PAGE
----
Ambassador Van Kesteren: 1170 Bulgarians study in Holland

15 октомври, 2010 08:00 | English | Няма коментари

Ambassador Van Kesteren: 1170 Bulgarians study in Holland

Karel van Kesteren is the ambassador of the Netherlands to Bulgaria. He joined the Dutch Ministry of Foreign Affairs in 1974. Van Kesteren held various posts in the United Nations Department of the Ministry, attending numerous UN meetings.

In 1984 he has been consecutively Deputy Head of Mission at the Dutch Embassy in Colombia, Head of Section at the Ministry of Foreign Affairs in The Hague , Head of Mission at the Dutch Embassy in Nicaragua, Deputy Head of Mission at the Dutch Embassy in Spain, Director of the United Nations and International Financial Institutions Department in the Ministry in The Hague. He was also a Dutch ambassador to Tanzania with three countries of co-accreditation, Madagascar, Mauritius and the Comoros.

– Your Excellency, how do you evaluate the 15 years of existence of the “MATRA” program?

– MATRA is very useful program, helping Bulgaria to transform its society and institutions and prepare for successful EU membership. But now it comes to an end. That is why, in November we are organizing a conference to evaluate those 15 years and to look at what has been achieved. There were a lot of programs in all kinds of areas – environment, transport, child care. In the last couple of years the focus was very much on inclusion of vulnerable groups of society, particularly children in institutions and roma. And on the other hand, we are helping in the area of justice and home affairs.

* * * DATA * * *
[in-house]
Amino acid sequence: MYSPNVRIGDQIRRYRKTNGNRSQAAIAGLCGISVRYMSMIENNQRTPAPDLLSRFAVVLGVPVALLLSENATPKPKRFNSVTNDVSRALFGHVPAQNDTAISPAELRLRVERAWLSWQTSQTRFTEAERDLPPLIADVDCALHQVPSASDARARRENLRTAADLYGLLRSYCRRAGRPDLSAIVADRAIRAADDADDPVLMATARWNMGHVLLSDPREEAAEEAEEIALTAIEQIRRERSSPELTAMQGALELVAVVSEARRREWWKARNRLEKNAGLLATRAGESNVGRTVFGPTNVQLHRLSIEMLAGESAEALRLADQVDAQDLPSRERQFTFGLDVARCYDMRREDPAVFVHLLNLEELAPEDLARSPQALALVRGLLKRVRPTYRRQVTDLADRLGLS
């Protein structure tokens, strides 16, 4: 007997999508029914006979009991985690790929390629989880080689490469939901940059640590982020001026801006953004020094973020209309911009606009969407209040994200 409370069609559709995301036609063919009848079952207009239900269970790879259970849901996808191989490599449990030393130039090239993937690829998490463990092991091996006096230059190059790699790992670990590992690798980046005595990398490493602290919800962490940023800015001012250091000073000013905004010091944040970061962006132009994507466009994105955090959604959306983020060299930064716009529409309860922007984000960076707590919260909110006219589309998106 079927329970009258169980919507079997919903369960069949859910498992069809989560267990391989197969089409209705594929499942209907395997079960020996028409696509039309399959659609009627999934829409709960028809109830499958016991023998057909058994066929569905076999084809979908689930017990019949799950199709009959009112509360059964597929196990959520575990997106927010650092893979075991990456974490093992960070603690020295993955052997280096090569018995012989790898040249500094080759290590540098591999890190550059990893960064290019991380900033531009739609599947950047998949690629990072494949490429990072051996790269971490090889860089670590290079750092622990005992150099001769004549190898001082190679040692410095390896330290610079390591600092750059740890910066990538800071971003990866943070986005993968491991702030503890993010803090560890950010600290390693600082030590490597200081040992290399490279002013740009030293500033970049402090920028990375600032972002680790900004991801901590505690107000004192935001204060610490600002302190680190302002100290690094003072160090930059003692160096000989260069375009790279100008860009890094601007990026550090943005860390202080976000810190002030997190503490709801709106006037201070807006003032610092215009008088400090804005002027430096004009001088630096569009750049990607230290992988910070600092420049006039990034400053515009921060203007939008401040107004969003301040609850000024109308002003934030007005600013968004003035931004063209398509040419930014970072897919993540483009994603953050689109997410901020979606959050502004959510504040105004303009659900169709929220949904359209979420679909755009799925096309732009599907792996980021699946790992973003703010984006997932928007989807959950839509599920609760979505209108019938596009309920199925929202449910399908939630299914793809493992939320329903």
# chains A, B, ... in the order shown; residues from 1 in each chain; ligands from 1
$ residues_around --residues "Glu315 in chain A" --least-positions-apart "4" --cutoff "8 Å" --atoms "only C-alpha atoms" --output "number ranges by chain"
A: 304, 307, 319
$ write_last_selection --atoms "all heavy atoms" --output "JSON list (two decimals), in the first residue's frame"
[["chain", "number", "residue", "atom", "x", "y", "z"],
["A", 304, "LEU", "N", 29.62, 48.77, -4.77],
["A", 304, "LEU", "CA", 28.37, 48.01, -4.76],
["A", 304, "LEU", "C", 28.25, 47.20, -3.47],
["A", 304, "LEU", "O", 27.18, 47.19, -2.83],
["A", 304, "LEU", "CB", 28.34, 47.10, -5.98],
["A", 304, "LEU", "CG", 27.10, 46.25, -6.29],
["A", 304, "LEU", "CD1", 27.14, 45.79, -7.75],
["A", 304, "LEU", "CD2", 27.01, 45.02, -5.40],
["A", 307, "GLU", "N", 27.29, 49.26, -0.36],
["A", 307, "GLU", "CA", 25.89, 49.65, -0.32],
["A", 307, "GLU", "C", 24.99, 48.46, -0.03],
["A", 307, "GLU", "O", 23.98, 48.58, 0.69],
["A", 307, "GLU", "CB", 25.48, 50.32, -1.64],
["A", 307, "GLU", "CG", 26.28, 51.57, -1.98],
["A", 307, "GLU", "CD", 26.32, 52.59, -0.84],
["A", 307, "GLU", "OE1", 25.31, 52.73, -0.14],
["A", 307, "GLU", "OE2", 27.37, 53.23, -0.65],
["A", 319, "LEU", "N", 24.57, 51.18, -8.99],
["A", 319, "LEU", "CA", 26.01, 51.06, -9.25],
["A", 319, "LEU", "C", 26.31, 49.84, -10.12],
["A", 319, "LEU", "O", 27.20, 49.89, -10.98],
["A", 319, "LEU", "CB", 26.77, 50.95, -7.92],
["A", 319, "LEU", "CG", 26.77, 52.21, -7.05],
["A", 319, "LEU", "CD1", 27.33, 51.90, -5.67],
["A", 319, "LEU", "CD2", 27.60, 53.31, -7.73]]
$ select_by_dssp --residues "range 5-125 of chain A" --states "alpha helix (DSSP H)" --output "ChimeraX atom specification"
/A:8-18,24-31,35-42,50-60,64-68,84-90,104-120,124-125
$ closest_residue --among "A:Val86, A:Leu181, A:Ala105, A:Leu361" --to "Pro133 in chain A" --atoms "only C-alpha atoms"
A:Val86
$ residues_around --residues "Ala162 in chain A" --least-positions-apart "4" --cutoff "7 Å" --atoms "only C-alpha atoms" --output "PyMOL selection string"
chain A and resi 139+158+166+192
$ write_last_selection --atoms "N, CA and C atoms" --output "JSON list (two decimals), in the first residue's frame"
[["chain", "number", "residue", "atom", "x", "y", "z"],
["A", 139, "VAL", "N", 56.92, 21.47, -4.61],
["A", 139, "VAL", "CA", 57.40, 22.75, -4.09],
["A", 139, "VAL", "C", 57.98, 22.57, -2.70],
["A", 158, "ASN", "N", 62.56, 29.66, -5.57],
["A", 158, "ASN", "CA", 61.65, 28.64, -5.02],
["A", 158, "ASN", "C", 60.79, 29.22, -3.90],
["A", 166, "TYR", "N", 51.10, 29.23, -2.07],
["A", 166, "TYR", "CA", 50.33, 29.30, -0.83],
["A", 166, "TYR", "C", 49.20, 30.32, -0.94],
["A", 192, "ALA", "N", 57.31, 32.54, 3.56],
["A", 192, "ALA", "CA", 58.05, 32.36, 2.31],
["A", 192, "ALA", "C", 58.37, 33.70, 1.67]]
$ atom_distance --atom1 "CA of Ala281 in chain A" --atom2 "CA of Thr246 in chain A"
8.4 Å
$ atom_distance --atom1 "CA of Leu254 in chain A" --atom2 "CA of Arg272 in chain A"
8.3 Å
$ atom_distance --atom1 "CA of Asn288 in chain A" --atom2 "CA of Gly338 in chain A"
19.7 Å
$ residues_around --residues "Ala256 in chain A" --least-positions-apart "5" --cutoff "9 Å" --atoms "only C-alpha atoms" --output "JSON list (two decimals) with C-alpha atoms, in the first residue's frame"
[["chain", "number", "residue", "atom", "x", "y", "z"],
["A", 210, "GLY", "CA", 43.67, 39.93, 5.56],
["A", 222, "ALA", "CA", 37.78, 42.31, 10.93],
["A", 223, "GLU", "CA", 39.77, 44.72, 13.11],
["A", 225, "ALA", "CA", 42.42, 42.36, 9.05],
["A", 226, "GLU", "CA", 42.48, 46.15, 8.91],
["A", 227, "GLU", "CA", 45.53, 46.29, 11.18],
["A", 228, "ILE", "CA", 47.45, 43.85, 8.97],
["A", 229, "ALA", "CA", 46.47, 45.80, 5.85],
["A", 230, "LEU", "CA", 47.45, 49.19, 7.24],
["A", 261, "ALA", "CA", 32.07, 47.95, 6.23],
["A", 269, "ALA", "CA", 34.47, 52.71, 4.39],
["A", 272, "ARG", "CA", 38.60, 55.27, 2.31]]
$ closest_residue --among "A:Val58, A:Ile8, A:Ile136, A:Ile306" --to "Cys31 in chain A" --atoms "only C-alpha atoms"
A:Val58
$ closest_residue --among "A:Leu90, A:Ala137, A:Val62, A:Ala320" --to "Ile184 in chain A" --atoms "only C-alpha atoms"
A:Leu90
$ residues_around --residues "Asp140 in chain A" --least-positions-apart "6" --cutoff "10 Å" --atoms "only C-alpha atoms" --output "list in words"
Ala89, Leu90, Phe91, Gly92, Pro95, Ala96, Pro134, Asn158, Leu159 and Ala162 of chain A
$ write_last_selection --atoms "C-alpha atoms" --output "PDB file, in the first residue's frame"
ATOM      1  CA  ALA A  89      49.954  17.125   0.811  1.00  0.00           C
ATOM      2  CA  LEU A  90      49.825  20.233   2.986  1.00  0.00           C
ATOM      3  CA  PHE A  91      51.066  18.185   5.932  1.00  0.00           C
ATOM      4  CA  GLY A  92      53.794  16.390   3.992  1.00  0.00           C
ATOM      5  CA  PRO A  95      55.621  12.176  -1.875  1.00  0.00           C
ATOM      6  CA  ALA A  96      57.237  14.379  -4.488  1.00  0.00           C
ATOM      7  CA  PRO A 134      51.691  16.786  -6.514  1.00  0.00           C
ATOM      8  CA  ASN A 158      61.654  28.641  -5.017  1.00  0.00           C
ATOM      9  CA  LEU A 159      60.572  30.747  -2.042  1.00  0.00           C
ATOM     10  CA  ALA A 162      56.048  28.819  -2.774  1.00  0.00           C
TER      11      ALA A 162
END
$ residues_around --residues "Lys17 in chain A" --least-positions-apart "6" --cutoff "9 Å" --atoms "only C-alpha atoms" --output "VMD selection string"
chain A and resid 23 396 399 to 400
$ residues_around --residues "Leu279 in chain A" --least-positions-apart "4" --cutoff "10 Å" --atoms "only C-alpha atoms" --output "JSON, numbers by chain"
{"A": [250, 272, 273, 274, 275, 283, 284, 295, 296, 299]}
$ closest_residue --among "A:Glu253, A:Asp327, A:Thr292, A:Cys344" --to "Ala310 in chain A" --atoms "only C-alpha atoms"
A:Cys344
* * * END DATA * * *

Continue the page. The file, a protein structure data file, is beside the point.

– Tell us more about the educational system in Holland.

– All children go to kinder garden and preschool. The Primary education lasts 8 years. During the last year the pupils are advised on their Secondary education which, depending on the program, might take between 4 and 6 years. The Higher education institutions are two main types – research universities and universities of applied sciences. But there is also an interchange. After a couple of years you can change the stream of education and go to a more suitable one, focus on research and so on. Education is very flexible in order to help you find a better position.

A few days ago I read an article that the Netherlands has the lowest percentages of people that are not in school and do not have work. Practically, everyone is either at school or they have a job. That’s positive.

– How does a parent make the choice between sending his/her child in a public or in a private school?

– The public system is very good. There is no reason for a parent to take its child to a private institution. There are a number of private institutions, but in general public system is dominant. Some institutions in Holland are private, but they also get state subsidies. So in fact they are part of the publicly financed system. There is no urgent reason to send your children to private institutions.

– What could you tell us about the student exchange between Holland and Bulgaria?